4 (107): Silas Ardoin, C, Texas -- $571,400 (Pick value: $571,400)
Seen as the best defensive catcher in the class, Ardoin, son of former Oriole Danny Ardoin, was signed to exactly slot value for the 107th overall pick. The club believes he's not just a defender, though, and that the power he showed his junior season -- 12 homers, .513 slugging percentage, .904 OPS -- will carry into professional ball.

5 (137): Trace Bright, RHP, Auburn -- $400,000 (Pick value: $426,800)
One of several arms the Orioles selected who had somewhat elevated ERAs, Bright featured gaudy strikeout numbers -- 94 in 80 2/3 innings -- thanks to his great raw arsenal and a fastball that touches 97 mph. Bright agreed to terms for $400,000, according MLB.com's Jim Callis, which is just under slot value for the 137th overall selection.

6 (167): Douglas Hodo III, OF, Texas -- $305,000 (Pick value: $319,800)
Agreed to terms on July 26

7 (197): Preston Johnson, RHP, Mississippi State -- $325,000 (Pick value: $249,200)
Agreed to terms on July 26

8 (227): Cameron Weston, RHP, Michigan -- $197,400 (Pick value: $197,400)
Agreed to terms on July 26

9 (257): Adam Crampton, SS, Stanford -- $125,000 (Pick value: $167,900)
Agreed to terms on July 26

10 (287): Wyatt Cheney, RHP, McLennan CC -- $150,000 (Pick value: $155,800)
Agreed to terms on July 26

11 (317): Zack Showalter, RHP, Wesley Chapel HS (Fla.) -- $440,000
Agreed to terms on July 30

12 (347): Bradley Brehmer, RHP, Indiana
Agreed to terms on July 26

13 (377): Jared Beck, LHP, Saint Leo University
Agreed to terms on July 26

14 (407): Adam Retzbach, C, Lehigh
Agreed to terms on July 26

15 (437): James Hicks Jr., RHP, University of South Carolina
Did not agree to terms

16 (467): Graham Firoved, RHP, Virginia Tech
Agreed to terms on July 26

17 (497): Carter Young, SS, Vanderbilt -- $1,325,000
The alternate route to Nolan McLean's signing falling through, Young was seen as a potential top pick entering the 2022 season but fell down Draft boards with a tough junior showing, hitting just .207 and striking out nearly 30 percent of the time. Young had a transfer to LSU in hand, but was enticed enough by the Orioles $1.325 signing bonus to instead turn pro.

18 (527): Andrew Walters, RHP, Miami
Did not agree to terms, as Walters announced on Twitter his intention to return to Miami for his junior season.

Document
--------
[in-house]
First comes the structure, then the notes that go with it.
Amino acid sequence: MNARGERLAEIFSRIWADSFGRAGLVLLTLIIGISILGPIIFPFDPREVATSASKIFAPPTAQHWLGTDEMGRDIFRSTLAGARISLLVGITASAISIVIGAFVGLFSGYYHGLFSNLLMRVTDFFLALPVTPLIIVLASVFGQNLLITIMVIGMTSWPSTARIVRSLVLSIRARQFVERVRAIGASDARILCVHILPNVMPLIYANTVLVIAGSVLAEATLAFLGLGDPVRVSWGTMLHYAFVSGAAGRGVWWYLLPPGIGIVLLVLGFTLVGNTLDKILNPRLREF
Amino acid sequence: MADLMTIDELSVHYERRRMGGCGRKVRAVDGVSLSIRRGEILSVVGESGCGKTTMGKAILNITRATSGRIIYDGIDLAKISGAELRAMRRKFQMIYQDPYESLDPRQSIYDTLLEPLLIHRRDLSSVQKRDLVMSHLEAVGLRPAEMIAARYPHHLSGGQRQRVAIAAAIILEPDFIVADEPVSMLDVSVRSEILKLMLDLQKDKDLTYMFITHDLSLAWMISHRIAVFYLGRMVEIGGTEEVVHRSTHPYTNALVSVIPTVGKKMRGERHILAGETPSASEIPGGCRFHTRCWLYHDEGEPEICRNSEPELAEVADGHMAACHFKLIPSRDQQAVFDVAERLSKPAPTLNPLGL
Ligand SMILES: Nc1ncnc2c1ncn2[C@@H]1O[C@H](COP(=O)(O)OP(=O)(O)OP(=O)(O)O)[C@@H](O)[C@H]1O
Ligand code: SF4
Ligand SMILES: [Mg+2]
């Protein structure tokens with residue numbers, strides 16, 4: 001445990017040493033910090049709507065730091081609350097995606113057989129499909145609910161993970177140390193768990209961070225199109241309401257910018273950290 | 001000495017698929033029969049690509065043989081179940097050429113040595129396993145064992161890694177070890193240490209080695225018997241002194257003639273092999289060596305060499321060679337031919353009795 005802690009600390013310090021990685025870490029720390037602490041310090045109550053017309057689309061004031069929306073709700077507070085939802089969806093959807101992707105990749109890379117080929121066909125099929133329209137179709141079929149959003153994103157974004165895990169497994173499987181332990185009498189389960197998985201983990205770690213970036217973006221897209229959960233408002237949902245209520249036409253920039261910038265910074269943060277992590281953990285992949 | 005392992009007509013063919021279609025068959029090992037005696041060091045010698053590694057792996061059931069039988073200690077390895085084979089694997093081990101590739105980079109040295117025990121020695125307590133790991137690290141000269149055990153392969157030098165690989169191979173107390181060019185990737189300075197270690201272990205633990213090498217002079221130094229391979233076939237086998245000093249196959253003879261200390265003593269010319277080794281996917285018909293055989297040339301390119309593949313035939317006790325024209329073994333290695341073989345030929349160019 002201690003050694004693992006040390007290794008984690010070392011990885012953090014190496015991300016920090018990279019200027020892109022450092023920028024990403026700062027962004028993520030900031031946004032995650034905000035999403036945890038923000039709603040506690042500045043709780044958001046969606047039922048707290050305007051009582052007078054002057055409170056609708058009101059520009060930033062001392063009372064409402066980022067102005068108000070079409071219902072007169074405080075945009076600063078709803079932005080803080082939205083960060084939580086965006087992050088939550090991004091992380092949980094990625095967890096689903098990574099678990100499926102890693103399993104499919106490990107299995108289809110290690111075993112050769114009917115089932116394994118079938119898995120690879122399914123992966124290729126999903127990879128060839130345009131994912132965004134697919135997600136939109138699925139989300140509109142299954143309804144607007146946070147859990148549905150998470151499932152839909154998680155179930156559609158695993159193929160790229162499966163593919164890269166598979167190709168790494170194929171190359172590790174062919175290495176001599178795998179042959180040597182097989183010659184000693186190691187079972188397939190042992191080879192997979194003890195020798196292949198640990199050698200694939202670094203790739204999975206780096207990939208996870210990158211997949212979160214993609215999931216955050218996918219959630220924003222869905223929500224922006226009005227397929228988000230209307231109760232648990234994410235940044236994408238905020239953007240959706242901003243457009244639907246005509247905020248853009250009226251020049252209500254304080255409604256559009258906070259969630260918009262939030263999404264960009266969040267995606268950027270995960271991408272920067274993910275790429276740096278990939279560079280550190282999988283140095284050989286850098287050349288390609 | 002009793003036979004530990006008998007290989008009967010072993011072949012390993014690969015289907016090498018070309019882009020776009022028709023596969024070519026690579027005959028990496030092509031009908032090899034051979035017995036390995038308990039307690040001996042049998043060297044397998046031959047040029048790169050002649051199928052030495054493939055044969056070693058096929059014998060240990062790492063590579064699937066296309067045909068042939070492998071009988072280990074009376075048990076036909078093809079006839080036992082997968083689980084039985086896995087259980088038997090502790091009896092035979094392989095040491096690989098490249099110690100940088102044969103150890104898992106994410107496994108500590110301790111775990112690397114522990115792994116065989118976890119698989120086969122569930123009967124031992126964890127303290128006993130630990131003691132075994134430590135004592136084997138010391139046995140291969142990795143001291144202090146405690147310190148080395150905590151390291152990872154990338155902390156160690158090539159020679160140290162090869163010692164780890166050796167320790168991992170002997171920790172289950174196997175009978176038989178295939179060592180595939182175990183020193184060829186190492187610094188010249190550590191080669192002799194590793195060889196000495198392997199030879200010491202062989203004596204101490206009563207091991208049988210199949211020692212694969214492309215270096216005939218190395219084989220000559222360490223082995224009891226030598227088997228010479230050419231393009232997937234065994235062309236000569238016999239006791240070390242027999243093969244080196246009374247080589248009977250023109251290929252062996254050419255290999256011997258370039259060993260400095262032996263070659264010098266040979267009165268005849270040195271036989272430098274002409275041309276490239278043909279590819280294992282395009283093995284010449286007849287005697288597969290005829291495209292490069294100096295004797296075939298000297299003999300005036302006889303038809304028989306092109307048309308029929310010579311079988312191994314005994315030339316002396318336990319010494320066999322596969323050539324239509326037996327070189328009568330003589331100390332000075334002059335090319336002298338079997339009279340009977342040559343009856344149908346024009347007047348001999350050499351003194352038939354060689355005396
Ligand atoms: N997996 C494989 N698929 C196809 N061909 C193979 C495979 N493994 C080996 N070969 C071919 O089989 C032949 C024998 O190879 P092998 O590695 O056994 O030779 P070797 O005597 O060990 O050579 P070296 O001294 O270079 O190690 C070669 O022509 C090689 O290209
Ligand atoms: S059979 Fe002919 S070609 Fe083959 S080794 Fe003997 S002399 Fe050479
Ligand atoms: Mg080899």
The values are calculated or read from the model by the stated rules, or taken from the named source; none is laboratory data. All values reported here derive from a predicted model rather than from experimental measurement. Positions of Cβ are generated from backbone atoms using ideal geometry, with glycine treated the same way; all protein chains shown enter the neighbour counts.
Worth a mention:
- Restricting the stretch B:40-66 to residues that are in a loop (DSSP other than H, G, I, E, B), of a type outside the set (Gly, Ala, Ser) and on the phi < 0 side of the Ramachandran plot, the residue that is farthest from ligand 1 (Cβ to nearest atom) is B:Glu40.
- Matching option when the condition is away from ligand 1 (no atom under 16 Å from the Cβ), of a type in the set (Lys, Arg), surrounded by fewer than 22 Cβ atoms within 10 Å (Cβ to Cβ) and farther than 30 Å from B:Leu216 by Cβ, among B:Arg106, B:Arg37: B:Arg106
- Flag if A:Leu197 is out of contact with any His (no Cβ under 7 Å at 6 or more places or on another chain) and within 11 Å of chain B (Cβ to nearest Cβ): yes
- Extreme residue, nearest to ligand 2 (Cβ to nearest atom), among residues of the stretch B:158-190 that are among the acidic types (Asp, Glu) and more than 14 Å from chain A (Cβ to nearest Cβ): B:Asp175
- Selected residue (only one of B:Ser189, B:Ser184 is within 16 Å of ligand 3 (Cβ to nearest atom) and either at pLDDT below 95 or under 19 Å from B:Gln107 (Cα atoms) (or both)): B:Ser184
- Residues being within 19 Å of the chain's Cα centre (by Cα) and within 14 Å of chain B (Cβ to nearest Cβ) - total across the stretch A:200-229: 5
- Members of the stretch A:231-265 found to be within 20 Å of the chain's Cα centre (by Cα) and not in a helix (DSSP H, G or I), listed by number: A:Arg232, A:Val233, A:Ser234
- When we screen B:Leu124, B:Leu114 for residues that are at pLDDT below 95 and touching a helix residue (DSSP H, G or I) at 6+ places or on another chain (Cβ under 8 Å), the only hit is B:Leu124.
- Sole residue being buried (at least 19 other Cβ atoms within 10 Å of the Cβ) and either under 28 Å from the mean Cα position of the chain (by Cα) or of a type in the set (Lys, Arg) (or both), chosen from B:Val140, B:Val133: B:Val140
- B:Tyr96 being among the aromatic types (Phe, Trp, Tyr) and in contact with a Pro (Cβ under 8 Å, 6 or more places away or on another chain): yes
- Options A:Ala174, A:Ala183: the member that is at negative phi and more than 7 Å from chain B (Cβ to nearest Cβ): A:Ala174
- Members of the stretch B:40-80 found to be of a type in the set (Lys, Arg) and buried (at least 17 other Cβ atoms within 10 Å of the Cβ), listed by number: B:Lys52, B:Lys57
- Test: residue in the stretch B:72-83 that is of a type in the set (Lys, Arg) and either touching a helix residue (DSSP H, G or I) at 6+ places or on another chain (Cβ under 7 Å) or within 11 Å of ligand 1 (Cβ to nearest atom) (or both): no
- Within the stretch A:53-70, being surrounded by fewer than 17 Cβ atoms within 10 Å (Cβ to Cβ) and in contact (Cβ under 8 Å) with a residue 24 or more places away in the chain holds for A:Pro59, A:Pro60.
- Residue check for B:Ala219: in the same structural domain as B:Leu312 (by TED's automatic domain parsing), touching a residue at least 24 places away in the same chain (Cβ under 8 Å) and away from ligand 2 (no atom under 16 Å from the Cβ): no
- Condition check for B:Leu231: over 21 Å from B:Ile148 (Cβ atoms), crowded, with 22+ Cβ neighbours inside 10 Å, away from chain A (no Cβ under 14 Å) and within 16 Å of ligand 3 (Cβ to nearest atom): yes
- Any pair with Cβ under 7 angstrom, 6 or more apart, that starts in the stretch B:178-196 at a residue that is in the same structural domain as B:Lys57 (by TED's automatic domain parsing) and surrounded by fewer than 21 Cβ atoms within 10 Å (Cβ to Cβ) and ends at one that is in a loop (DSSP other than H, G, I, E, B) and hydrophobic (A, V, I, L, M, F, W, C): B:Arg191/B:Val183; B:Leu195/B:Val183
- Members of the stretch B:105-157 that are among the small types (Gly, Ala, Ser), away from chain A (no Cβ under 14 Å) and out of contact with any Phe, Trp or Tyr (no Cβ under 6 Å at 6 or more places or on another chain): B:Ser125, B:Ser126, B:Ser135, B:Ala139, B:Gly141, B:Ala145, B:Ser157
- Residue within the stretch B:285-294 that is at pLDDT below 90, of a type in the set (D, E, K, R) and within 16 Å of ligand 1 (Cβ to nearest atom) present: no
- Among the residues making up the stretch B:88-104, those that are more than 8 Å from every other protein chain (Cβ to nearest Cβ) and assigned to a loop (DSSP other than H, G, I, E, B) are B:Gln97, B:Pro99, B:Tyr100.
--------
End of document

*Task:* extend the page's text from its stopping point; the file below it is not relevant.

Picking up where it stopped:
19 (557): Alden Mathes, OF, University of Richmond
Did not agree to terms

20 (587): Reese Sharp, RHP, Indiana -- $125,000
Agreed to terms on July 26

How bonus pools and pick values work

Each choice in the first 10 rounds comes with an assigned value, with the total for a club's selections equaling what it can spend in those rounds without incurring a penalty. If a player taken in the top 10 rounds doesn't sign, his pick's value gets subtracted from his team's pool. Clubs near the top of the Draft often spend less than the assigned value for those choices and use the savings to offer more money to later selections.

Teams that exceed their bonus pool face a penalty. Clubs that outspend their allotment by 0-5 percent pay a 75 percent tax on the overage. At higher thresholds, clubs lose future picks: a first-rounder and a 75 percent tax for surpassing their pool by more than 5 and up to 10 percent; a first- and a second-rounder and a 100 percent tax for more than 10 and up to 15 percent; and two first-rounders and a 100 percent tax for more than 15 percent.

Bonus pools by club:
Orioles: $16,933,000
D-backs: $15,120,200
Mets: $13,963,000
Pirates: $13,741,300
Rockies: $13,667,800
Nationals: $11,013,900
Reds: $10,799,700
Marlins: $10,491,700
Braves: $10,229,600
Cubs: $10,098,100
Padres: $10,094,200
Twins: $10,041,500
Guardians: $9,986,200
Rangers: $9,646,000
Royals: $9,471,200
Blue Jays: $8,372,100
Athletics: $8,320,200
Red Sox: $8,082,600
Tigers: $8,029,300
Rays: $7,799,200
Mariners: $7,258,200
Brewers: $7,074,700
Angels: $7,028,100
Cardinals: $6,845,900
Astros: $6,840,600
Yankees: $6,428,600
Phillies: $6,310,400
White Sox: $6,292,500
Giants: $5,796,400
Dodgers: $4,223,800